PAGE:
Goldcrest sighted again in Ísafjörður
A Goldcrest (Regulus regulus) sighting in Ísafjörður (near Jónsgarður) has once again been reported to Náttúrustofa Vestfjarða, September 20. A previous sighting from the same individual was on March 22 of the same year. This tiny passerine is not common in the Westfjords and is found in small numbers around the rest of the country since a breeding population had settled in Iceland in the 1990’s. Goldcrests prefer coniferous and mixed forests but can also be found in gardens and parks with large trees. They feed mainly on insects on tree foliage and branches. During winter, goldcrests eat seeds and insects from the ground.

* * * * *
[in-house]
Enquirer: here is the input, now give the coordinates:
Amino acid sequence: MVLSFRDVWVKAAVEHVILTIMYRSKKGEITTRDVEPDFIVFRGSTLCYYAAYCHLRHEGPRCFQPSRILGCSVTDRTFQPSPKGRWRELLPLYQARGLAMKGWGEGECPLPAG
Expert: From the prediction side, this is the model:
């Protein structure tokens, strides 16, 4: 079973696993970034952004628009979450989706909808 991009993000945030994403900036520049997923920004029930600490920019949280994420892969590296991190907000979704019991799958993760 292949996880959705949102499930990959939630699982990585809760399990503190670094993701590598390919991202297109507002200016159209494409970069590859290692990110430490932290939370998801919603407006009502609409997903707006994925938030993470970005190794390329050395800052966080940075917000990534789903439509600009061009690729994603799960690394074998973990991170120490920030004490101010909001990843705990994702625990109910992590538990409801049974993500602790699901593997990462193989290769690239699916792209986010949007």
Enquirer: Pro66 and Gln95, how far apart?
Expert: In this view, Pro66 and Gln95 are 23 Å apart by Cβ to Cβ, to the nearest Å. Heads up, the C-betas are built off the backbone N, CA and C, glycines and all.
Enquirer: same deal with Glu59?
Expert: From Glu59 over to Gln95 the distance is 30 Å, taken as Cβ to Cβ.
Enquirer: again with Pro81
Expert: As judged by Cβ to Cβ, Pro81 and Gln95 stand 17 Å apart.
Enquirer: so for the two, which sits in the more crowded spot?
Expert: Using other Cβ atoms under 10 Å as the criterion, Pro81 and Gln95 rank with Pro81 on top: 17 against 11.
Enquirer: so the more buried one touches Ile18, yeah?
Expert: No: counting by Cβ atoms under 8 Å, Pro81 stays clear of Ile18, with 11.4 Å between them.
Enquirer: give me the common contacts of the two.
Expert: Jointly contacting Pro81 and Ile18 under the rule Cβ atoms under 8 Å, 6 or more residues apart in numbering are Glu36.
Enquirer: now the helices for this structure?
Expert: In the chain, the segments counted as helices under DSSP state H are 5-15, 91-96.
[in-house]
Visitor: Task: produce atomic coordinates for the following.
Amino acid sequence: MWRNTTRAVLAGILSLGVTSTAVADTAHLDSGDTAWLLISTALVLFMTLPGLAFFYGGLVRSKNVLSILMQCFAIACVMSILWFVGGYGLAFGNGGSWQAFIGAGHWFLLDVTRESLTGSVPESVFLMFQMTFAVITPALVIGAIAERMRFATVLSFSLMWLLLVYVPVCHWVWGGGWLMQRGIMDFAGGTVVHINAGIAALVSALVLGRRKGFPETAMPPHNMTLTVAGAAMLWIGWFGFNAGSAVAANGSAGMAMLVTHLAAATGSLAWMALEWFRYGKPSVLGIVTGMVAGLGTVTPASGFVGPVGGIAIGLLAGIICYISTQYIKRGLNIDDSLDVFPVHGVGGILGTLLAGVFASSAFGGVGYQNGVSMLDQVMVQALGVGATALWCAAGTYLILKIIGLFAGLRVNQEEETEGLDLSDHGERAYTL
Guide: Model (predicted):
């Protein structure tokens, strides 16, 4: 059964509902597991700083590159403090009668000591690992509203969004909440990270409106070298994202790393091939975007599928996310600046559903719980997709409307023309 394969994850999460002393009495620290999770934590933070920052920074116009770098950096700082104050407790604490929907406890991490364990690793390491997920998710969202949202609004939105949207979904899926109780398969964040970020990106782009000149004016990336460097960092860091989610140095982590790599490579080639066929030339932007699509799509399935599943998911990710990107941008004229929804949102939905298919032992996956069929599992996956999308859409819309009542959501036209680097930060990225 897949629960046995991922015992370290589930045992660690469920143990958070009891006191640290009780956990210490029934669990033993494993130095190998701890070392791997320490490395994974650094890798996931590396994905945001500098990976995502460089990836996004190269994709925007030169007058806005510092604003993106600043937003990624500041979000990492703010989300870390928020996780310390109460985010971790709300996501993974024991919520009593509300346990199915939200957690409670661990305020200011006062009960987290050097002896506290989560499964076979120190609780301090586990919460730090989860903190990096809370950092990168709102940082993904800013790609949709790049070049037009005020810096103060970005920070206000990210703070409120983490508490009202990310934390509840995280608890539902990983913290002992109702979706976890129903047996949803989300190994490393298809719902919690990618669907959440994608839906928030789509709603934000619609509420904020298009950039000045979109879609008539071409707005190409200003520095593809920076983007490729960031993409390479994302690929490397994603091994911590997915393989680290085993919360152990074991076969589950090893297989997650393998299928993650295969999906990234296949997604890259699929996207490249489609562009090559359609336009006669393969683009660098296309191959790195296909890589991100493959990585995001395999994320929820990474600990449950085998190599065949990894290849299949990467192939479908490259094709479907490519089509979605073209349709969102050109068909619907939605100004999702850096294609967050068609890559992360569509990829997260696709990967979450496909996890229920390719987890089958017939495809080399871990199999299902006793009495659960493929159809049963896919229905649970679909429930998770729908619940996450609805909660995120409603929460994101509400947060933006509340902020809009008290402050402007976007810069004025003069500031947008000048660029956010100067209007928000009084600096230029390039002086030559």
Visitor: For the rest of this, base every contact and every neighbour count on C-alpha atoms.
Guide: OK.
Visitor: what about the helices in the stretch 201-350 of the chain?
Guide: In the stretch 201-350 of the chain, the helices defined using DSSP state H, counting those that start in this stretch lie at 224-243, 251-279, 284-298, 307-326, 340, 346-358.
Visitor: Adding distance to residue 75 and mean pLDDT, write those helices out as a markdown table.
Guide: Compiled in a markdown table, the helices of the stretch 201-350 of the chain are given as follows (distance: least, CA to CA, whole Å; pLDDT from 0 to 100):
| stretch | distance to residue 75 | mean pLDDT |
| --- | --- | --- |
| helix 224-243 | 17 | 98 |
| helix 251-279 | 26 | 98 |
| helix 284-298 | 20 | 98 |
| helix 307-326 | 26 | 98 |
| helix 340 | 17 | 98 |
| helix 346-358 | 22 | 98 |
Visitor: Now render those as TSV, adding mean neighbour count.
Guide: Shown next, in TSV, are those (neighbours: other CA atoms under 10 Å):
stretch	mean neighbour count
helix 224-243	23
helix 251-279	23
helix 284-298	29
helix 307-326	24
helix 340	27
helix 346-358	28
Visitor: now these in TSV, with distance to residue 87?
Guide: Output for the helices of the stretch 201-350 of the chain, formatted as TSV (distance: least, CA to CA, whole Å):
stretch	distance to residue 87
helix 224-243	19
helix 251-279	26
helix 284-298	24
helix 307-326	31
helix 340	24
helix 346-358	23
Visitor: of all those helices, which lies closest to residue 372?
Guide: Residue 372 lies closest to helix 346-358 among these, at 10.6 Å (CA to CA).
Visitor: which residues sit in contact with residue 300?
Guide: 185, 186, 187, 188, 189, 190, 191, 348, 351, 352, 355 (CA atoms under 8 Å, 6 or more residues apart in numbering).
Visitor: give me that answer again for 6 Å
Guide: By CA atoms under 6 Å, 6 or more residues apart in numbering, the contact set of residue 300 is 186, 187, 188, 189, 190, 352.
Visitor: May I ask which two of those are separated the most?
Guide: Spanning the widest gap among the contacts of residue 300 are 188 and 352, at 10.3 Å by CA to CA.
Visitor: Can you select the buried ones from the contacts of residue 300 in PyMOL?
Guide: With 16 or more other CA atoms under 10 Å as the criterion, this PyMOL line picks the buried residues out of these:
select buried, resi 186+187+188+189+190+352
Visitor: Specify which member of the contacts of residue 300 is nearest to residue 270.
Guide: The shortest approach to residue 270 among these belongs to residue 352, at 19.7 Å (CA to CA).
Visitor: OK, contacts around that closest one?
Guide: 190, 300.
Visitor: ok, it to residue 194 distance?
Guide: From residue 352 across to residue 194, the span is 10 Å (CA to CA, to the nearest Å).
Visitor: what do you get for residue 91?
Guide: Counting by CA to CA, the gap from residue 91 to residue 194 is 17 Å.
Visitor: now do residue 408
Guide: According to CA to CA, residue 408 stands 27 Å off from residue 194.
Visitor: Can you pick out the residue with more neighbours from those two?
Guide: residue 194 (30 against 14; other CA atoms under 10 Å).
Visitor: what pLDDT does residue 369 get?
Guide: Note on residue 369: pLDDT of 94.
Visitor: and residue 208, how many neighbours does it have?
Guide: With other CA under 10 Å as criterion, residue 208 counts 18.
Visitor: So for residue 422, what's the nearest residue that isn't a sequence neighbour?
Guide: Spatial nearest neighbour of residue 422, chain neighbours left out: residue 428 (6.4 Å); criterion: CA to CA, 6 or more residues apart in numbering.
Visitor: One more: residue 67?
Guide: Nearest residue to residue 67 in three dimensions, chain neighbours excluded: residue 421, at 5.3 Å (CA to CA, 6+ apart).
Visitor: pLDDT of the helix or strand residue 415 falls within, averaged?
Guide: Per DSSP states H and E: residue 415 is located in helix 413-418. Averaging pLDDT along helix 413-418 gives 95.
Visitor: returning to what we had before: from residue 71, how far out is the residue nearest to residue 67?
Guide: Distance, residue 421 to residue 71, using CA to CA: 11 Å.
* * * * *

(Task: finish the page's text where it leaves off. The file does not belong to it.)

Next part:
Both reported sightings were the result of a window collision. The bird flew away after a brief recovery period. There are measures which can be taken to reduce bird-window collisions, which are often deadly even if the bird seems to have recovered initially. We encourage people to read these articles by Fuglavernd, The Cornell Lab of Ornithology or National Audubon Society for ideas about how to make their windows more visible to reduce collision risk to our feathered neighbors, as well as actions to take if encountered with a collided bird.
We thank Annska for once again sharing the sighting with us. Náttúrustofa encourages reporting sightings of Goldcrests in order to help monitor their distribution and abundance in Iceland.